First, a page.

Binge eating more common than other eating disorders, survey finds   ScienceDaily (Feb. 4, 2007) — The first national survey of individuals with eating disorders shows that binge eating disorder is more prevalent than either anorexia nervosa or bulimia nervosa. The study, conducted by researchers at Harvard-affiliated McLean Hospital, also calls binge eating disorder a “major public health burden” because of its direct link to severe obesity and other serious health effects.  Link

Association of anger with bulimic and other impulsive behaviors among non-clinical women and men  European Eating Disorders Review 12 (2004) 392–397 – The literature on links between anger and bulimic behaviors has focused largely on clinical populations of female patients. This study of a non-clinical group explores whether the relationship between anger and bulimia is specific to binge-eating (rather than other eating or impulsive behaviors) and whether the links are gender-specific.  Link

Bulimics’ responses to food cravings: is binge-eating a product of hunger or emotional state?   Behavior Research and Therapy 39 (2001) 877–886 – This study examined the roles of hunger, food craving and mood in the binge-eating episodes of bulimic patients, and identified the critical factors involved in the processes surrounding binge-eating episodes that follow cravings.  Link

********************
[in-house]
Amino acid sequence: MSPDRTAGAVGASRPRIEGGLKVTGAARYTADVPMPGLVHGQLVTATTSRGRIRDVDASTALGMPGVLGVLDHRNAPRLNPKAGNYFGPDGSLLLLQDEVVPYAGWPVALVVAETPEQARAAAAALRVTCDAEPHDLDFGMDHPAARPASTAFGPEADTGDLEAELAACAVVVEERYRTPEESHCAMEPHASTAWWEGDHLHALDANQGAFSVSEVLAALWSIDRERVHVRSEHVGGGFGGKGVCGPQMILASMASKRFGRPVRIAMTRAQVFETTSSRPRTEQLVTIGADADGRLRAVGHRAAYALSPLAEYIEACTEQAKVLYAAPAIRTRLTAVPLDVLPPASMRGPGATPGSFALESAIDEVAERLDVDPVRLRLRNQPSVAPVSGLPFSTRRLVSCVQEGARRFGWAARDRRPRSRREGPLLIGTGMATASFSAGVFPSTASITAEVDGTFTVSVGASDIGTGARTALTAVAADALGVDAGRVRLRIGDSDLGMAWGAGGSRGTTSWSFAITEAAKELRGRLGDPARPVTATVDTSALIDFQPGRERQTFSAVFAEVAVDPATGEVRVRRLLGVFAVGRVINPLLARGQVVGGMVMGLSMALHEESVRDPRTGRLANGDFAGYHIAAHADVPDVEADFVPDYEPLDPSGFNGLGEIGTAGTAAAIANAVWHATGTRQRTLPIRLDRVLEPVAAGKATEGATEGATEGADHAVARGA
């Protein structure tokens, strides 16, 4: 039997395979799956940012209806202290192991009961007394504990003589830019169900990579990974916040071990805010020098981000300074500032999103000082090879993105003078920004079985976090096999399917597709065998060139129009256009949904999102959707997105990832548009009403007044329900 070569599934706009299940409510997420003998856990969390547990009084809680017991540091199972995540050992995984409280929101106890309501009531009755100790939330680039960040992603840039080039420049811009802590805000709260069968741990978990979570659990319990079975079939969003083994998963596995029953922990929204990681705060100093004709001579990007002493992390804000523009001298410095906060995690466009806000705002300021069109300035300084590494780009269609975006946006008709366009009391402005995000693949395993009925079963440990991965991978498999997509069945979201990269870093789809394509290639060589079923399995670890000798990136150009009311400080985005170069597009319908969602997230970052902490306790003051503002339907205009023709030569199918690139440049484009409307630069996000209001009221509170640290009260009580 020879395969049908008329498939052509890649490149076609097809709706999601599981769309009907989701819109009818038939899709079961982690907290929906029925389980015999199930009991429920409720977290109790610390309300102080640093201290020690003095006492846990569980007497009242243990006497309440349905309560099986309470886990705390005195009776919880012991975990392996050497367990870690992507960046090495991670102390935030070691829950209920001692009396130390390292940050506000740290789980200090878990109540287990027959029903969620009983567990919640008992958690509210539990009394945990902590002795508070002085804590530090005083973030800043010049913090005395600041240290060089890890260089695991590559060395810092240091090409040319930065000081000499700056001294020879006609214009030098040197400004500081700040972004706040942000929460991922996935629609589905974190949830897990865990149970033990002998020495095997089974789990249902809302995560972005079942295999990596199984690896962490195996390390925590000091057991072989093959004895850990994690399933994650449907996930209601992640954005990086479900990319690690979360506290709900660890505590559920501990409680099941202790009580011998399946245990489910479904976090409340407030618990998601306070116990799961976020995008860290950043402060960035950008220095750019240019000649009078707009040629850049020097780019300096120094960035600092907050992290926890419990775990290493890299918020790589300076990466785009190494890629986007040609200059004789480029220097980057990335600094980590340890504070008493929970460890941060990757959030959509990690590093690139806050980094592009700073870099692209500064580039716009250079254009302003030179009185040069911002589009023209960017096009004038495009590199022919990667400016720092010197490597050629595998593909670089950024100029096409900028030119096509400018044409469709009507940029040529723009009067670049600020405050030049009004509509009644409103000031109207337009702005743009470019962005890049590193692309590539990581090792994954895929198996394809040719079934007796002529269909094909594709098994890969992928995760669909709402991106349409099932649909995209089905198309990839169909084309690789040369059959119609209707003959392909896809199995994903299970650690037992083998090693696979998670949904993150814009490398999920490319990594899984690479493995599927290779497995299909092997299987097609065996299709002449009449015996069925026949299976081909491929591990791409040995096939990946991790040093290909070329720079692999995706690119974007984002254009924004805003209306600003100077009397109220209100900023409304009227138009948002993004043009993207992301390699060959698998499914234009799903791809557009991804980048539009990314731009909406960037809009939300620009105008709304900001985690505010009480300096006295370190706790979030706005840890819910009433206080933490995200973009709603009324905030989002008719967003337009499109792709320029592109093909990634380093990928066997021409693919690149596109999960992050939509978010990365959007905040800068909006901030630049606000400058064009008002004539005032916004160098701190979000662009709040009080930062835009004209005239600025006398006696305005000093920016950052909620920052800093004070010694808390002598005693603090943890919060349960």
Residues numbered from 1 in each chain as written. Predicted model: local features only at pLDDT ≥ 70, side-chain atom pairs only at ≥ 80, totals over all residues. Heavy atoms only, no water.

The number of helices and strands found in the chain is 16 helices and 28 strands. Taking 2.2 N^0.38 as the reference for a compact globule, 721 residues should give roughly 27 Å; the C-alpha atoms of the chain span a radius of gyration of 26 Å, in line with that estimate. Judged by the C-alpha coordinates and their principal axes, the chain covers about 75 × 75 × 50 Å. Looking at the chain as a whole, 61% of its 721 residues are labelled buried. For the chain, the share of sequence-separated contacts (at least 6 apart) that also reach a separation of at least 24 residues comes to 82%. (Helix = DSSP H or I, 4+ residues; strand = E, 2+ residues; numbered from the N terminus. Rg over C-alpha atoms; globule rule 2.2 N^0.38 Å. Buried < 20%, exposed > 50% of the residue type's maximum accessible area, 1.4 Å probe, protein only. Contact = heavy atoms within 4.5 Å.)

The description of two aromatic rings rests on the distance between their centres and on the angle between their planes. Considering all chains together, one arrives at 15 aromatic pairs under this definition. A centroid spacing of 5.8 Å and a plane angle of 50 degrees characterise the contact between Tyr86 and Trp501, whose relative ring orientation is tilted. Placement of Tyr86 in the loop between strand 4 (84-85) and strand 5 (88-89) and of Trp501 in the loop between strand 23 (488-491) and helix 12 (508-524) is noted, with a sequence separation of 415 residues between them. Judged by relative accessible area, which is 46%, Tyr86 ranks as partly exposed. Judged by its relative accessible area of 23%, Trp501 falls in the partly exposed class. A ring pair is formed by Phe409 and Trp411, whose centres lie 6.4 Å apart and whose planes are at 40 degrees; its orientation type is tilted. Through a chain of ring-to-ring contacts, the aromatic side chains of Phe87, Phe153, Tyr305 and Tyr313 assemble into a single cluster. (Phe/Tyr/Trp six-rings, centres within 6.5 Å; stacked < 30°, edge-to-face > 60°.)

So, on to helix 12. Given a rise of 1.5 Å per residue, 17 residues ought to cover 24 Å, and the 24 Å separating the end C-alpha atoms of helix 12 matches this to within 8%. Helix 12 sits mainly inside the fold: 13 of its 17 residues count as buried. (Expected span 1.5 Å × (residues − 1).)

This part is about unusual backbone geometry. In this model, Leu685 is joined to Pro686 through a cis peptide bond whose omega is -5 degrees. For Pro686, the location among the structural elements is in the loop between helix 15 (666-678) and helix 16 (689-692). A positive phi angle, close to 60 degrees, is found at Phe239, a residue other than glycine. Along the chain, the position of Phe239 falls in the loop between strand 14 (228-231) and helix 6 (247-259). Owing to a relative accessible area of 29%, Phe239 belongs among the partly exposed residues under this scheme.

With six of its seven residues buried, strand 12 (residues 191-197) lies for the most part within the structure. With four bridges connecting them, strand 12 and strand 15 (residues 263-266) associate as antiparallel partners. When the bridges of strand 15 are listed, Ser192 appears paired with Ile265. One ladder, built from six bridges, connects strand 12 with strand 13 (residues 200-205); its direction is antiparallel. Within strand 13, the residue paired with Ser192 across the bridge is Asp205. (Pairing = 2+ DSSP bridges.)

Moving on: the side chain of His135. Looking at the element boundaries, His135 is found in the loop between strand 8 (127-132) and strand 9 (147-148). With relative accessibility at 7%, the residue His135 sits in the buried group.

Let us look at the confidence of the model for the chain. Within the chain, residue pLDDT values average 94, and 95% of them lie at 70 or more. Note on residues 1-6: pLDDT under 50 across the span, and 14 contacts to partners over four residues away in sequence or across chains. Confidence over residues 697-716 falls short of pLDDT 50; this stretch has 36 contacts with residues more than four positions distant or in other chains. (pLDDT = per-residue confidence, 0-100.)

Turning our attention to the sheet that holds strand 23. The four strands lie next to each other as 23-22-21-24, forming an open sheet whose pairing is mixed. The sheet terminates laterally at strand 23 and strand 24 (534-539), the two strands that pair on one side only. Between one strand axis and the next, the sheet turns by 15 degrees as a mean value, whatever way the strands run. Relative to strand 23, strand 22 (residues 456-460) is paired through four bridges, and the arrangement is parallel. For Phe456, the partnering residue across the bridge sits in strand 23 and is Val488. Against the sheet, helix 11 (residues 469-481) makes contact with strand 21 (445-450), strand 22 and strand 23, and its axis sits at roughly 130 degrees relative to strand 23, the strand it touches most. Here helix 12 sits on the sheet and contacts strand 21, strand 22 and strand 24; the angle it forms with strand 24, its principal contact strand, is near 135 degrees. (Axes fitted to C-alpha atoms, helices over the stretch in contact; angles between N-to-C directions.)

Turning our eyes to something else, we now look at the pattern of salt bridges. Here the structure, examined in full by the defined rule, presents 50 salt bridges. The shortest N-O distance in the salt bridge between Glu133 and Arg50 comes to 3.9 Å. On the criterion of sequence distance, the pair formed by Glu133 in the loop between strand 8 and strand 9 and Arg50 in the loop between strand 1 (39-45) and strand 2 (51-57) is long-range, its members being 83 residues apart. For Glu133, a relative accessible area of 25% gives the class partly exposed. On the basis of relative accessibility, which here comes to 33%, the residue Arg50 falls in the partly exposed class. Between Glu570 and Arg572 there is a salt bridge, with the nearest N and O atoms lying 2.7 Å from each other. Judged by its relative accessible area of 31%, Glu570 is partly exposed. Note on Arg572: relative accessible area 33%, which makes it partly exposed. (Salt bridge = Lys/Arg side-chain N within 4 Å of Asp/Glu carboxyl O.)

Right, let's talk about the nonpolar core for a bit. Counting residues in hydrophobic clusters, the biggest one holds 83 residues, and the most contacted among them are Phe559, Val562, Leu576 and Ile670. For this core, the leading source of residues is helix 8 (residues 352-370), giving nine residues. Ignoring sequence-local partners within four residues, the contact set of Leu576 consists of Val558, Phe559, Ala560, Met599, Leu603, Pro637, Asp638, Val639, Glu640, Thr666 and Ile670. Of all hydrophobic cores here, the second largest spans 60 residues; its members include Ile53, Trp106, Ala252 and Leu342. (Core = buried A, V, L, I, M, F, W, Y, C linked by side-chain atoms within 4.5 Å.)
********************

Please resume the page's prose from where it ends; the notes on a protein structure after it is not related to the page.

Genetic clues to eating disorders  BBC online: Health  (January 21, 1999) — Doctors studying the causes of the eating disorders anorexia and bulimia believe it has less to do with media images of slim-figured models and more to do with biological and genetic factors.  Link

Brain chemicals may cause bulimia  BBC online: Health  (October 14, 1998) — The eating disorder bulimia nervosa may be caused, at least in part, by chemical changes to the brain, researchers have discovered.  Scientists have found that chemical changes that take place in the brains of sufferers persist even after recovery.  Link